By launching an attack against Ukraine Russia in fact admitted its role in Ukrainian conflict – the fact that was an open secret. But with that they also moved to another level of escalation, even knowing the cost of sanctions they would pay for such actions. This is the crucial point in analyzing the situation. The self-confidence and aggression with which Russia launched its attack today, should not be considered as a mere madness of one person, but also part of their complex foreign policy line which V. Putin charted back in mid-2000s when he first spoke against the Western-led post-Cold War world order during the Munich security conference in 2007.

For him, there is no Ukraine or Ukrainians. Actually, he did say that in his speech on 21st February when he put forward an argument that Ukraine was an artificial state created by Bolsheviks after the First World War. His Foreign Minister Sergey Lavrov reiterated this narrative when the next day he stated that Moscow denied Ukraine its sovereignty rights. In other words, Russian elites led by Putin don’t care about Ukraine, but by attacking Ukraine they try to forcibly change the fundamental principles on which the post-Cold War balance was built as a result of the fall of Soviet Union. Putin has only one target audience as of now: US President Biden, to whom he addresses this “act of defiance” and whom he deems to be the only real master of the situation in Ukraine and Europe.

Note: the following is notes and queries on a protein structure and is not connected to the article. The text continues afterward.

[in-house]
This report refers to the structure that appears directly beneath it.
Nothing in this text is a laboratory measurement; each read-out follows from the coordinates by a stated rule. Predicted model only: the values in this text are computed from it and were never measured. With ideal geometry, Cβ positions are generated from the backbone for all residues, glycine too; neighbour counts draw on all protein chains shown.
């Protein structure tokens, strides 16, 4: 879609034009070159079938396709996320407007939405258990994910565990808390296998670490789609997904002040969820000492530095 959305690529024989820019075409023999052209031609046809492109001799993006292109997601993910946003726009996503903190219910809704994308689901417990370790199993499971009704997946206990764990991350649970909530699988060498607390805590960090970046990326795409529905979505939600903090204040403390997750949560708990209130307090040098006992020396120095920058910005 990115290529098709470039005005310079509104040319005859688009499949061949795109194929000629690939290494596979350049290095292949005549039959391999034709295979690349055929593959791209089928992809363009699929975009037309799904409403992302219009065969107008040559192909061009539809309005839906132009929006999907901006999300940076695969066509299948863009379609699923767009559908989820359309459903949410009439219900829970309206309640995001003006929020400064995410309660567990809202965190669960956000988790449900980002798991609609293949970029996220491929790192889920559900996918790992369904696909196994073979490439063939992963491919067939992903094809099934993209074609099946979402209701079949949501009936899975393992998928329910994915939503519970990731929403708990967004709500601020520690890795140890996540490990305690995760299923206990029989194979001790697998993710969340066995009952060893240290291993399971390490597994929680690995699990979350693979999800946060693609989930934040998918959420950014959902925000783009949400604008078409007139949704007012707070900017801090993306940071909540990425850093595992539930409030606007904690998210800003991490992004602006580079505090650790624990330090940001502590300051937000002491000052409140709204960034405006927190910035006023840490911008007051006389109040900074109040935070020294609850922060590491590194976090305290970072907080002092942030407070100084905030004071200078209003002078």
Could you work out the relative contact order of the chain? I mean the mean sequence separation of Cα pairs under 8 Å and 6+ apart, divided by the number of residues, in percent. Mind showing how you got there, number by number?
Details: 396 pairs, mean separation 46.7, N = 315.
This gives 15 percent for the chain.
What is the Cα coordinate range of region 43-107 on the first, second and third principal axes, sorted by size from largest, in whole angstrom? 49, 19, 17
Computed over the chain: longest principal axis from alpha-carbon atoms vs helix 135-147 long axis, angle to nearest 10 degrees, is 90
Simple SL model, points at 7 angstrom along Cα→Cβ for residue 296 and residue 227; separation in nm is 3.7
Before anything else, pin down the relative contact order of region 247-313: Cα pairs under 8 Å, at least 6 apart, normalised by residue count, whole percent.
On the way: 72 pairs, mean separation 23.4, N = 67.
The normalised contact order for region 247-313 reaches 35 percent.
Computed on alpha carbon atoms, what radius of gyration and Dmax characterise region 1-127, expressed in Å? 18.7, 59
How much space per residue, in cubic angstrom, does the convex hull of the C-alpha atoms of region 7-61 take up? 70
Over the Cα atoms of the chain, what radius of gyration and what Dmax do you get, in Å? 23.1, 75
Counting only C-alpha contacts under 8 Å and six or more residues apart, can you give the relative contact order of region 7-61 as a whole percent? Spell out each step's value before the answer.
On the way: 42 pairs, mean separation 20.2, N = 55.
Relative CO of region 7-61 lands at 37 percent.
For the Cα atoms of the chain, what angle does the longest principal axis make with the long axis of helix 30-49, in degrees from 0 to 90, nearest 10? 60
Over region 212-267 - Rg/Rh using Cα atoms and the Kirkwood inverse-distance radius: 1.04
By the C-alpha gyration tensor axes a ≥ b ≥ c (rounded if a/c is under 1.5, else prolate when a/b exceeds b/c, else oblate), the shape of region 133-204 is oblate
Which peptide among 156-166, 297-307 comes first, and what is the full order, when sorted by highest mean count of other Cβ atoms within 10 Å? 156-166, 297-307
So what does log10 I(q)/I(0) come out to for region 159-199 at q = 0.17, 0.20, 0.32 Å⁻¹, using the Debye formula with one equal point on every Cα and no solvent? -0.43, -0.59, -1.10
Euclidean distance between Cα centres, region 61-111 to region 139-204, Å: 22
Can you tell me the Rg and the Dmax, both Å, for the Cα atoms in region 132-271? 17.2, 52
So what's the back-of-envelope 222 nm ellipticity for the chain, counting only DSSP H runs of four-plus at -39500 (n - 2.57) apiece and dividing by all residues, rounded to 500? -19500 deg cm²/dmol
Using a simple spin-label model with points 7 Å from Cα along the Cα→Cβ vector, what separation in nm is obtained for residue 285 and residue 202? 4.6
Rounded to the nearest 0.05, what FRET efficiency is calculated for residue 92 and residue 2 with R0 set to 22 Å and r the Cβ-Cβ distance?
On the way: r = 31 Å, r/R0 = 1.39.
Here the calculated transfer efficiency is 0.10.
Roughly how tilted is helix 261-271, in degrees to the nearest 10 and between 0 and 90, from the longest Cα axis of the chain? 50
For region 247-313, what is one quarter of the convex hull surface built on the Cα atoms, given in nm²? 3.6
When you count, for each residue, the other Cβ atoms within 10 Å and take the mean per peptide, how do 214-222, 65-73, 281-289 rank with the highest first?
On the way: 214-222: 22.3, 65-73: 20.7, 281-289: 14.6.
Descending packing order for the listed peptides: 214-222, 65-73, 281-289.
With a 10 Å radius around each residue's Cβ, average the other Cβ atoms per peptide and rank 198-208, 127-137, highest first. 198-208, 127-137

For Ukraine this escalation is a very serious challenge. But with challenges come opportunities. Ukraine needs to be strong and now is the best chance to defend our sovereignty and independence. Russia’s move towards escalation-driven logic and the abandonment of Minsk negotiations of 2015-2022 is a turning point in this war, which not only paved the way for another round of battle between Ukraine and Russia, but also created a new reality, in which could either lose or gain and become even stronger. It will depend on the consolidation of the political elites, drastic social and economic reforms the President and the Government should consider to push forward and on the ability of the Ukrainian state to produce a brand new policy, which will proclaim an end to old post-Soviet principles of governance.